It's great to hear that the test results were so positive.
That's the risk Google took when it went for market share at the expense of quality control. Google wanted ubiquity, a la Amazon.com, and soon it will have to make some decisions about all the dodginess that escaped from Pandora's Box. :-)
Never mind the clickthrough rate--IMHO, the correct formula is "high-quality content site = higher-quality, better-qualified leads."
Take one of my favorite examples: Luxury cruises that cost $700+ per day. The ideal clicker for such an ad is someone who's just read a cruise review and knows that a two-week Platinum Cruise will cost ten grand. Thanks to the review site's high-quality content, Joe SixPack (the guy who's looking for a $100-a-day cruise) will understand that a Platinum Cruise isn't for him.
That's what might be called a not-so-glittering generality. :-) For what it's worth, I continue to see many of the same travel advertisers in my niche week after week, month after month, so I can only assume that AdSense is working for them.
Maybe your industry is different. Or maybe you should be following Shak's example by spending more time or money on "creative." Not long ago, somebody complained of too many clickthroughs by freebie seekers who were taking advantage of a free offer. That was a perfect example of an advertiser who needed a new copywriting strategy. If you simply want names and e-mail addresses, offer something free. If you want prospects who may actually buy something, you need to prequalify leads by using appropriate ad copy. To continue with my hypothetical cruising example, if you're selling luxury cruises, you can't just say "Discounts on Platinum Cruises." You need to make it clear that Platinum Cruises are for the Bulgari-and-Baccarat set--whether you say so directly or via code phrases like "six-star cruising" or "Platinum Cruises at Sterling Silver prices."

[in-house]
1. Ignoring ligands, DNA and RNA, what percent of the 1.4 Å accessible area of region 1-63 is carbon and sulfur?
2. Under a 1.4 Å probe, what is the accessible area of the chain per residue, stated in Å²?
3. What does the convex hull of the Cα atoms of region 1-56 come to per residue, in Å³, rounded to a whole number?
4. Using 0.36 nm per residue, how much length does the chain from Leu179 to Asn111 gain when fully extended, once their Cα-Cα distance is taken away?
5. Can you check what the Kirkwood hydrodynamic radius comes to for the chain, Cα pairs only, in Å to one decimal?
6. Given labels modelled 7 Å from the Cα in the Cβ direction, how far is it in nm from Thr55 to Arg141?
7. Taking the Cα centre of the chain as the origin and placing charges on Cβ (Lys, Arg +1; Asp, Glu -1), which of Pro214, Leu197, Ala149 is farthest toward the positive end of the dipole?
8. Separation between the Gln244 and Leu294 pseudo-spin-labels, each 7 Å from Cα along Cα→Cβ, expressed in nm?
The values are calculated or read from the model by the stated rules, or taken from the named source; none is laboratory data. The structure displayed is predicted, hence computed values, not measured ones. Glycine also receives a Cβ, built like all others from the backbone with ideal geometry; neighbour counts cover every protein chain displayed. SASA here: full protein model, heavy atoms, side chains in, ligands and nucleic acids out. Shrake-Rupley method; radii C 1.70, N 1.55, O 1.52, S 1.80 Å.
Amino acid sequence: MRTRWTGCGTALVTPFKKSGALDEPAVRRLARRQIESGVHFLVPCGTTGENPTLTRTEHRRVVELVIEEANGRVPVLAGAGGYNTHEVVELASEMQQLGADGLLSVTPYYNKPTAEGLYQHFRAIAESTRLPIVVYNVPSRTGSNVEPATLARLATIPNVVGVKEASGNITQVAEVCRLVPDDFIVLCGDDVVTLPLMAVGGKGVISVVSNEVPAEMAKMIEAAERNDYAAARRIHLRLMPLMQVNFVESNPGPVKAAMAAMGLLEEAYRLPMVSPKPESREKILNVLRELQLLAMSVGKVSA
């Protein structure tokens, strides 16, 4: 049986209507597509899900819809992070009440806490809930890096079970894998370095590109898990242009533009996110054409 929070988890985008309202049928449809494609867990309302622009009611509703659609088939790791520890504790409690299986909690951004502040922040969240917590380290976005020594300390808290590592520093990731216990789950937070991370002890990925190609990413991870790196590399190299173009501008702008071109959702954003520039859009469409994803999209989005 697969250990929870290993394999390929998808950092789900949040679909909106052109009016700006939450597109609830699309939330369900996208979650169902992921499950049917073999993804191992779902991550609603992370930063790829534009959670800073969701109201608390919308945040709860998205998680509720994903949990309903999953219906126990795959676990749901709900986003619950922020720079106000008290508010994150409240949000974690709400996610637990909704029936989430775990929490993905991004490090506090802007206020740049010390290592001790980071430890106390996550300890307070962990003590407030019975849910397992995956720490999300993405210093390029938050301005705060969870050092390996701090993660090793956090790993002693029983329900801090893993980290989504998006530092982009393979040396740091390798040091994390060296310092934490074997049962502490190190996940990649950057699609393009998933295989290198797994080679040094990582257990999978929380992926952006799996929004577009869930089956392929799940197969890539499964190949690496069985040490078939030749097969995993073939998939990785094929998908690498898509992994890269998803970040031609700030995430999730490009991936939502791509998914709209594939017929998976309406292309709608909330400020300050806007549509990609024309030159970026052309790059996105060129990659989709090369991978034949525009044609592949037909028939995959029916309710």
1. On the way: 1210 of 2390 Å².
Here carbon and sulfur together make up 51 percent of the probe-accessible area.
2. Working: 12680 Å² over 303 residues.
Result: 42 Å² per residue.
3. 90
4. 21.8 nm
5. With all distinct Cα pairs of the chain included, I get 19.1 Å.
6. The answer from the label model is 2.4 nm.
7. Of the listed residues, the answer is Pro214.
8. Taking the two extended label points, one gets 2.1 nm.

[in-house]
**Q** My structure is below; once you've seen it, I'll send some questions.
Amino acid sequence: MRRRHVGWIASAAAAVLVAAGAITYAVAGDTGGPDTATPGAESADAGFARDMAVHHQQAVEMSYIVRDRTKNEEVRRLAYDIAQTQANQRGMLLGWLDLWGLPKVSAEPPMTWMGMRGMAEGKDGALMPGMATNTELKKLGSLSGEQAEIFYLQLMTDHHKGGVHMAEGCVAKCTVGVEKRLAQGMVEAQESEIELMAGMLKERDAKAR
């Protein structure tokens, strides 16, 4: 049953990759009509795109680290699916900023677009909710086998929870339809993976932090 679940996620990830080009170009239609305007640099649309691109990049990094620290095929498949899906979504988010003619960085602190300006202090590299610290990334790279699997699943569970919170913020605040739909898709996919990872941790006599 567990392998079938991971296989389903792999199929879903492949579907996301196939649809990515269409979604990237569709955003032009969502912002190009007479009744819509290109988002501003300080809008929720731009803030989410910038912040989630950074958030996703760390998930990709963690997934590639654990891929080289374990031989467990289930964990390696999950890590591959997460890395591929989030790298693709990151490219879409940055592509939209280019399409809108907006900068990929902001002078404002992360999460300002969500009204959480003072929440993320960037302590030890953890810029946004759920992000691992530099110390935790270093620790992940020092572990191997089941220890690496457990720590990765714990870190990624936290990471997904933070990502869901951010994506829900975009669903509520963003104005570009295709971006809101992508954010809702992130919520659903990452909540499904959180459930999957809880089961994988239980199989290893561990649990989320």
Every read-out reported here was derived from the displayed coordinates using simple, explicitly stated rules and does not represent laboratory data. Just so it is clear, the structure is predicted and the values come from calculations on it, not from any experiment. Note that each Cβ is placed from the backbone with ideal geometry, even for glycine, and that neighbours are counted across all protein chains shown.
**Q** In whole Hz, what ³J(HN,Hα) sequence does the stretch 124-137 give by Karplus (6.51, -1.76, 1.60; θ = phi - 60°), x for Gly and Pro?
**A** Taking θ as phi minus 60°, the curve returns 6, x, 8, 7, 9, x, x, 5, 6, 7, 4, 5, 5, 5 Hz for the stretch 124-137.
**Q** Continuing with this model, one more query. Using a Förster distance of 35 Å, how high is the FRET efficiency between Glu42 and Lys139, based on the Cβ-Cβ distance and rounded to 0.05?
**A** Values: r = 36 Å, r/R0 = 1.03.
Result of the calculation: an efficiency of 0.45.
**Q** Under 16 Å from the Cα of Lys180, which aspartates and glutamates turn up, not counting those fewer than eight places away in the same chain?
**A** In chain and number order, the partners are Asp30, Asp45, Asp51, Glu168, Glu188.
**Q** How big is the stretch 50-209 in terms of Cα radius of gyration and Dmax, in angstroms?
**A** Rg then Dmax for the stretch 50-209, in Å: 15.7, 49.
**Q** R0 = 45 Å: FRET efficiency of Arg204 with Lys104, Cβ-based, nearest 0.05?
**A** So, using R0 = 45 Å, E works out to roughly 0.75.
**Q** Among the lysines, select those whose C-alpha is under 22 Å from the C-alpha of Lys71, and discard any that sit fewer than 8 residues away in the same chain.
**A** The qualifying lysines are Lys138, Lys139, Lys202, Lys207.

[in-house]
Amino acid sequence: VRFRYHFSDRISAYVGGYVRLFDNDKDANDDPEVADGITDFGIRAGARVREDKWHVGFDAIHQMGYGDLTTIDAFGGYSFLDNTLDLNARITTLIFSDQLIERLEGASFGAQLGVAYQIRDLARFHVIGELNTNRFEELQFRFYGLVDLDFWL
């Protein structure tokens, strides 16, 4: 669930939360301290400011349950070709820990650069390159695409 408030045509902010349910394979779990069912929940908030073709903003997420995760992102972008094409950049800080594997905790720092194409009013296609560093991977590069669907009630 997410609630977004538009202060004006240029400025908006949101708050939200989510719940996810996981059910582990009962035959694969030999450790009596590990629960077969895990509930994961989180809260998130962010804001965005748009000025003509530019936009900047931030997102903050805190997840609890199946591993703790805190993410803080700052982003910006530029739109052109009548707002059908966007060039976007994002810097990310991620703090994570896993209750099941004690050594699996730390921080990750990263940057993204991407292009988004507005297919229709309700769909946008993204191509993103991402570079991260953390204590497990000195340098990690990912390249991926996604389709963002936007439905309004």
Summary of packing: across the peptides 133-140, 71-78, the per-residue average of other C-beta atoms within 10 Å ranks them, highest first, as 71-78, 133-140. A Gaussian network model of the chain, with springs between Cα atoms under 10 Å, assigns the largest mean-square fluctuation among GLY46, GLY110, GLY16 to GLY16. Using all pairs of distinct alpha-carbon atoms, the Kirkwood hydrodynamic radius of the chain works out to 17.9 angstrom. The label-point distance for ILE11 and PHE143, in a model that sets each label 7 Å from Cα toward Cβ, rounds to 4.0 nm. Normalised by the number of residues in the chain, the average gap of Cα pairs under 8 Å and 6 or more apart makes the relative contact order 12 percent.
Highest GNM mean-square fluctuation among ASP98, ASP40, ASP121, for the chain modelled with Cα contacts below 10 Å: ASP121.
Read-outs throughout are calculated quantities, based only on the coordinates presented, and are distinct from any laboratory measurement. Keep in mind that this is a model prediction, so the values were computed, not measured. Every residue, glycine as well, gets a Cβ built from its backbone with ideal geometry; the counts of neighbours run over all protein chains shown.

AdSense obviously is working for some advertisers. Perhaps you should be thinking of how to make it work for you.